September

The beat goes on

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A strange thing happened in Tim Blessing's methods class recently. "I often use music to illustrate an historical point, and I was talking about how you compare one era to another," recalls Blessing, a professor of history and political science. "I had a video of the Beach Boys singing 'Help Me Rhonda' from '65.

Then I had one of them doing it on their 50th anniversary tour. What I didn’t realize when I turned it up was that I would suddenly have a sing-along going on in my classroom. It just floored me. I said, ‘What are you guys doing? This song is 50 years old!’”

The music of the 1960s provided the soundtrack for the momentous events of that tumultuous time — the civil rights and anti-war movements; assassinations of John and Bobby Kennedy, Malcom X and Martin Luther King, Jr.; the rise of the youth movement and drug culture, the pill and changes in attitudes toward sex, politics and religion, and so much more. Change was in the air, and the music both reflected and fueled it.

Half a century later, the music of the 1960s and early ’70s continues to have a profound influence on American culture and society, especially Generation Y (the 70-million-plus Americans born from 1977 to 2002). Much of the music is almost as familiar to children, teens and young adults today as it was when their parents or even grandparents were their age 50 years ago. Instead of transistor radios, record players and jukeboxes, today’s teens listen to the music through earbuds from an iTunes playlist, or trendy web platforms like Spotify or Pandora.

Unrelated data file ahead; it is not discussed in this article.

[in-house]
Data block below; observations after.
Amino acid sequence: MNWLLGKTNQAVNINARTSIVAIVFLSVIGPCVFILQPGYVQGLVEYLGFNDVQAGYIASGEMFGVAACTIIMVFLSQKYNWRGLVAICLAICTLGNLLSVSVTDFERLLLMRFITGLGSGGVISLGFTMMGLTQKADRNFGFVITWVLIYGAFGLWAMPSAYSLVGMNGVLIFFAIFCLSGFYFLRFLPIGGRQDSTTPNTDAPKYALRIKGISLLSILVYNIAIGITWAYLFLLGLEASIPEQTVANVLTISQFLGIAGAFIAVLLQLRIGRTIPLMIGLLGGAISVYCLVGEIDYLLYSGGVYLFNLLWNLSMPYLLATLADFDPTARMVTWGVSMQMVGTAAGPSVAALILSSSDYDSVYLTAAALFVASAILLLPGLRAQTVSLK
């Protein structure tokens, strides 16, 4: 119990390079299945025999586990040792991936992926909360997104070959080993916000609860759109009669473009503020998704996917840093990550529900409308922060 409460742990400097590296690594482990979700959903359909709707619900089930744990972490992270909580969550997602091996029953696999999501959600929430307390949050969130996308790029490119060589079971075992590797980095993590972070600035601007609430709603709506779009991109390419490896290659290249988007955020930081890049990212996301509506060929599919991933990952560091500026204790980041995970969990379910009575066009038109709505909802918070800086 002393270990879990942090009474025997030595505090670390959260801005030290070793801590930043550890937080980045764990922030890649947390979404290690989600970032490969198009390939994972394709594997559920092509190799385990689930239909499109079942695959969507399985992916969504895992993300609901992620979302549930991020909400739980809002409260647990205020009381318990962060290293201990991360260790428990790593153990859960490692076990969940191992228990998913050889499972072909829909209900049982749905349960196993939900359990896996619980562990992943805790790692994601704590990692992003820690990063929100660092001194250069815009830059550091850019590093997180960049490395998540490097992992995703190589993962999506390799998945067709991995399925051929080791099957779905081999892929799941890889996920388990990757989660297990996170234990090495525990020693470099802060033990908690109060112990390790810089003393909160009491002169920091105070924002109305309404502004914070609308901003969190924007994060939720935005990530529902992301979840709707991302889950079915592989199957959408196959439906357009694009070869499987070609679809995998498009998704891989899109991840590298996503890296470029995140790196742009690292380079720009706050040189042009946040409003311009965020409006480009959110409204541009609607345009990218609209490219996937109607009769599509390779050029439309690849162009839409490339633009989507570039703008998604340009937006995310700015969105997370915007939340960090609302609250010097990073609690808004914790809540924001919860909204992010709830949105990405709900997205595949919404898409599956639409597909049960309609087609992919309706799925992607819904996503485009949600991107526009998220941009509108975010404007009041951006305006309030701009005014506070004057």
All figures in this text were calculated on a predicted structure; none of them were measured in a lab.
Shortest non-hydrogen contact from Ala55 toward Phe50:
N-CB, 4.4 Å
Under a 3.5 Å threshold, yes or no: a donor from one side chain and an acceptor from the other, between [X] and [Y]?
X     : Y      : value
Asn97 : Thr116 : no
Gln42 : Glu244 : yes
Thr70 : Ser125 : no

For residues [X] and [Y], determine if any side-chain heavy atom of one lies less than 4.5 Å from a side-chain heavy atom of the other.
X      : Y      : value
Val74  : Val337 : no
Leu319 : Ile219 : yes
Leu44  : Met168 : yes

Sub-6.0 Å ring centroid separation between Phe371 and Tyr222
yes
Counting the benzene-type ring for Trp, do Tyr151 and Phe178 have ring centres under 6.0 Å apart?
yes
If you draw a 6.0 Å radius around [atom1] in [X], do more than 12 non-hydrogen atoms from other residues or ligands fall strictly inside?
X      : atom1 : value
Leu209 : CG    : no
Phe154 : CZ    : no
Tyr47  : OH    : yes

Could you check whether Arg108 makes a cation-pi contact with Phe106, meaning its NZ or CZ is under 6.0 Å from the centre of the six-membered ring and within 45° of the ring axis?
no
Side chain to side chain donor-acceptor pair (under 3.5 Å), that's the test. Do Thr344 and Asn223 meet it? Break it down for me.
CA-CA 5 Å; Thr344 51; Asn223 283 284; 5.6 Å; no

So what causes a classroom of college coeds born three decades after the music originally hit the charts to belt out Beach Boys lyrics like it’s 1965? Why do notes conjured a half century ago still ring true for a generation to whom the 1960s are often unfamiliar history?

And why is it that a song on the radio can instantly transport a baby boomer back five decades to a very specific time and place, surrounded once again by family and friends, some of whom are long gone?

Believe it or not, science can help tell us why that happens, and can even explain connections between music, memory and emotions. Of course, it also helps that the best of the music, most of what has endured, really was pretty special.

>> Read full story in Alvernia Magazine

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